Closure: How the flagship Albany Midwifery Practice, at the heart of its south London community, was demonised and dismantled
Published 11th May
In 1997 the Albany Midwifery Practice in Peckham, South London, negotiated a pioneering NHS contract with King’s College Hospital Trust. The Albany model of midwifery care was loved and respected not only by those who experienced it first-hand, but also by the wider midwifery profession. Founded to serve one of the most disadvantaged populations in London, its innovative approach led to improved outcomes for mothers and their babies. Why, then, was the practice suddenly shut down in 2009?
Although it was widely acknowledged that the Albany model offered gold-standard care, the hospital trust claimed that since March 2006 this care had been ‘unsafe’. But both the data and the methodology used to condemn the practice were flawed, and the real reasons for the closure remained obscure. Despite extensive protests by mothers and families, midwives, and many high-profile supporters, the Albany was forced to close its doors and one of the midwives was subjected to a punitive investigation by the Nursing and Midwifery Council, which eventually found that there was no case to answer.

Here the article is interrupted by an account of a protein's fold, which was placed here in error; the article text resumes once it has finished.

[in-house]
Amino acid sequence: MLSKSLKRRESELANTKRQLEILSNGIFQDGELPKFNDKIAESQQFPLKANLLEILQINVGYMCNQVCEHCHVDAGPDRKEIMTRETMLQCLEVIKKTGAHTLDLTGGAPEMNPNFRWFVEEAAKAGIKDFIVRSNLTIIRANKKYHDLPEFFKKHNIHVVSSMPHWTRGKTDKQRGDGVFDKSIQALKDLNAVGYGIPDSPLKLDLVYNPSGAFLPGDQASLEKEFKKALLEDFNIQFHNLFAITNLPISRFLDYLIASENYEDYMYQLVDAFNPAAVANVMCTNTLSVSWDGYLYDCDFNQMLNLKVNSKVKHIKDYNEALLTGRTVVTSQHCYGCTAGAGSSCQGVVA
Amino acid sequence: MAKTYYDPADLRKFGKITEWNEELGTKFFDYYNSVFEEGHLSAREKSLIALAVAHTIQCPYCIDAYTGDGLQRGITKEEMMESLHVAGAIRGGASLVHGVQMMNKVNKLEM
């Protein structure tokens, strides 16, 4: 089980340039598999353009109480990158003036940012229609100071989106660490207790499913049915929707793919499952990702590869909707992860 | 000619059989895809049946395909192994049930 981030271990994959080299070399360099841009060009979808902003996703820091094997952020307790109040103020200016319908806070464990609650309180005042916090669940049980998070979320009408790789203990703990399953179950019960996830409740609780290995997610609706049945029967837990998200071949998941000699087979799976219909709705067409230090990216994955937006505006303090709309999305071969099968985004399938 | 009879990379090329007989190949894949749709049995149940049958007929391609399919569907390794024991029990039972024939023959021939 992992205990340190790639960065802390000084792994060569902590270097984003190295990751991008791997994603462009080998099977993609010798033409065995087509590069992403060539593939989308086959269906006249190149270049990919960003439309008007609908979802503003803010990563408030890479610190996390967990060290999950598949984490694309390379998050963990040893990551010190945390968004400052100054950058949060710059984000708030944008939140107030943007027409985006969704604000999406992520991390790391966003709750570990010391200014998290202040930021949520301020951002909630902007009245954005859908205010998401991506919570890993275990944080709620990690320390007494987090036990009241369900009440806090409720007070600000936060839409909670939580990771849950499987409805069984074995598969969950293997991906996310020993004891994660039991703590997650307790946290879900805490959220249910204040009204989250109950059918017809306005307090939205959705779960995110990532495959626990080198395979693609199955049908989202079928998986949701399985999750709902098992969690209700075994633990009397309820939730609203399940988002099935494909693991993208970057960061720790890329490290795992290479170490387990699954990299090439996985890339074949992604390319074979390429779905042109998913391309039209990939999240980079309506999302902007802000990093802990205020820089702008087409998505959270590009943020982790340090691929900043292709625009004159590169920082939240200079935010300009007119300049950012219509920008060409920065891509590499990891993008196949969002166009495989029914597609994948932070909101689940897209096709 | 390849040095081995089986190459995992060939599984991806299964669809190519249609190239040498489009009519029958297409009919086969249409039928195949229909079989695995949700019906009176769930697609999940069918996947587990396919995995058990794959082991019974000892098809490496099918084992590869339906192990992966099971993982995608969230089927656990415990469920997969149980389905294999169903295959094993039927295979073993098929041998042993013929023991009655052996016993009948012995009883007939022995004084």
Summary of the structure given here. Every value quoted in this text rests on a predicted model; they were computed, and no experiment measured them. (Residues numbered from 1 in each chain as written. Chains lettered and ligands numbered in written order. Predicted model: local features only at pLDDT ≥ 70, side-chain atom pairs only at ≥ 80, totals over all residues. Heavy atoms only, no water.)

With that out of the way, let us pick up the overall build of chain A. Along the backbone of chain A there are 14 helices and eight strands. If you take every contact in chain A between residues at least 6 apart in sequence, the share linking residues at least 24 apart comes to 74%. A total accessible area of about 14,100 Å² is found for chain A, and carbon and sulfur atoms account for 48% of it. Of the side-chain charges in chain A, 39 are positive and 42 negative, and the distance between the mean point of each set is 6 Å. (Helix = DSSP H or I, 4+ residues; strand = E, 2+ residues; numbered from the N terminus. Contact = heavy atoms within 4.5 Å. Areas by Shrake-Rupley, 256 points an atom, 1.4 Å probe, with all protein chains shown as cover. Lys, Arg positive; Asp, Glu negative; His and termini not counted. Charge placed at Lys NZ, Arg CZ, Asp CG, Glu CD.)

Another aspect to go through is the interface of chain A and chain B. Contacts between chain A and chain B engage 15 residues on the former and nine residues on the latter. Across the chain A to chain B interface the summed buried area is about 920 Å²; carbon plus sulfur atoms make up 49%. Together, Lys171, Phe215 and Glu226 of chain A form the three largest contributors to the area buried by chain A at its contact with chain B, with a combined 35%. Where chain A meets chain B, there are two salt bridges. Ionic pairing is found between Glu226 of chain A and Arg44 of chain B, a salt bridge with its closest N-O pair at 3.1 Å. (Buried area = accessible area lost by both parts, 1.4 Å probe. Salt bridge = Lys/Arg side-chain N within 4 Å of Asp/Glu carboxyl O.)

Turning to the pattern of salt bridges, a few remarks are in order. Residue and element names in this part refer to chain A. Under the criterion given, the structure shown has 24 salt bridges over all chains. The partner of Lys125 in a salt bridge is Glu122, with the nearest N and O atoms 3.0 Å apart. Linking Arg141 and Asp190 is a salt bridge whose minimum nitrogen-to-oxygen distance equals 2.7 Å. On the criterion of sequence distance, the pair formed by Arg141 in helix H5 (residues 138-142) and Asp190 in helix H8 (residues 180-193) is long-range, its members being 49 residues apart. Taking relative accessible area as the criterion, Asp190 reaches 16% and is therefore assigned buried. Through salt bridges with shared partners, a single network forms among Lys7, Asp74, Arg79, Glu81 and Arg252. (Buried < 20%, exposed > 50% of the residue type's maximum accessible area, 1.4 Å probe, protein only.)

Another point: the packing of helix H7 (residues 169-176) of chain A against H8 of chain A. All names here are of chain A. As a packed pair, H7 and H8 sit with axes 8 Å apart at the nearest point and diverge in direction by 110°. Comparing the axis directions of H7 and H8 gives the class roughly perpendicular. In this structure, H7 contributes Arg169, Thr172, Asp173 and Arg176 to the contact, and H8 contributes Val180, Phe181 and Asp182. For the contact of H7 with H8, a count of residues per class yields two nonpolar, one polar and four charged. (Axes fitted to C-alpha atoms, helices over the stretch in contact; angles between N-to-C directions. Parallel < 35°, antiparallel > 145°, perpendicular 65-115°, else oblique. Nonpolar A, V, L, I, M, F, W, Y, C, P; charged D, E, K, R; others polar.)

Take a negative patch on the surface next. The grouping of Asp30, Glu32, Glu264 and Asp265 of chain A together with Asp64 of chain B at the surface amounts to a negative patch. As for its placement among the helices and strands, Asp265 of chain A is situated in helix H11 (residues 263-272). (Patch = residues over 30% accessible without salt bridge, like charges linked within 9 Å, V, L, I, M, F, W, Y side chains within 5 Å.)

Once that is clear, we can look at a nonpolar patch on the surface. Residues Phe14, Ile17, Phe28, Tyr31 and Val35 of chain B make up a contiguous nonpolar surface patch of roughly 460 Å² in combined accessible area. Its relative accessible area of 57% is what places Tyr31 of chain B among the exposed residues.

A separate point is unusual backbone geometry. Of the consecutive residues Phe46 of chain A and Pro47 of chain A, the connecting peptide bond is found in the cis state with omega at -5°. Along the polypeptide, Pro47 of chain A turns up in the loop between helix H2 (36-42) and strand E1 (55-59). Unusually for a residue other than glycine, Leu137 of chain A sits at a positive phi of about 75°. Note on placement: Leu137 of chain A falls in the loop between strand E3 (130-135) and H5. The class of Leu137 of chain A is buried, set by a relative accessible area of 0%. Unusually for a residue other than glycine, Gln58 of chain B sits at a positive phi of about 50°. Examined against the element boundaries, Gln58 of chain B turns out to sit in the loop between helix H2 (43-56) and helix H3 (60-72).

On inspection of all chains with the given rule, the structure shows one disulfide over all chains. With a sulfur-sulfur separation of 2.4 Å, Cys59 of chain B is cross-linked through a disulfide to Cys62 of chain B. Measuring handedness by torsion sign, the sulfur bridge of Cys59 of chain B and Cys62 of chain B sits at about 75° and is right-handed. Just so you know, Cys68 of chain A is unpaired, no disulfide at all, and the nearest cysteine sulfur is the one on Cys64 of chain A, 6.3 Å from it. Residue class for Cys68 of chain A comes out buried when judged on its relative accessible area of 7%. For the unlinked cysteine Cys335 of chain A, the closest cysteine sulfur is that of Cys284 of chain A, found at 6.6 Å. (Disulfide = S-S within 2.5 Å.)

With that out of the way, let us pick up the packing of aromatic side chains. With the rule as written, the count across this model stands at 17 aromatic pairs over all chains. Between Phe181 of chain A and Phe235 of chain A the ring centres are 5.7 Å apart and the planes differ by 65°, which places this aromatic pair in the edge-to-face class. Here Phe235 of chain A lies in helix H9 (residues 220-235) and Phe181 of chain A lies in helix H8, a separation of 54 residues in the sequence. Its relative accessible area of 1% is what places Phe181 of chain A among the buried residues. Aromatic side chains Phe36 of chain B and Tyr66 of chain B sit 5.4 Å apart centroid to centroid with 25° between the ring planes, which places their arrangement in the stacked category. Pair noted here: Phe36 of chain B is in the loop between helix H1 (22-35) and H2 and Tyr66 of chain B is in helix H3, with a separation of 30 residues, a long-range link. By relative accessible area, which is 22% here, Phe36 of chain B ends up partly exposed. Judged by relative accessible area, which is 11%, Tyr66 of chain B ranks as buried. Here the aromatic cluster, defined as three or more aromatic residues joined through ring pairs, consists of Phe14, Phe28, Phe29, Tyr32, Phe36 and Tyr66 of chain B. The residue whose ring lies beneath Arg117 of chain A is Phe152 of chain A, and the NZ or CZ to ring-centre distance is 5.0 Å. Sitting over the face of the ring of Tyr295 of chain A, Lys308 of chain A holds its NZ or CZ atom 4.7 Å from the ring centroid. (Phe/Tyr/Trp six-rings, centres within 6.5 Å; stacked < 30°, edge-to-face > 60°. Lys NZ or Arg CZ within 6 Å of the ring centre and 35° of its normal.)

Midwives and campaigners have long pushed for answers about what really happened to this flagship midwifery practice. In this damning assessment, based on years of careful research and interviews, the authors reveal how a hugely successful healthcare project was undermined and dismantled, to the detriment of mothers and babies, the wider community and the midwifery profession as a whole.
As maternity services are scrutinised once more, and as the NHS struggles to implement its policy of continuity of midwifery care, this hard-hitting account of the fate of the Albany could not be more relevant or more timely.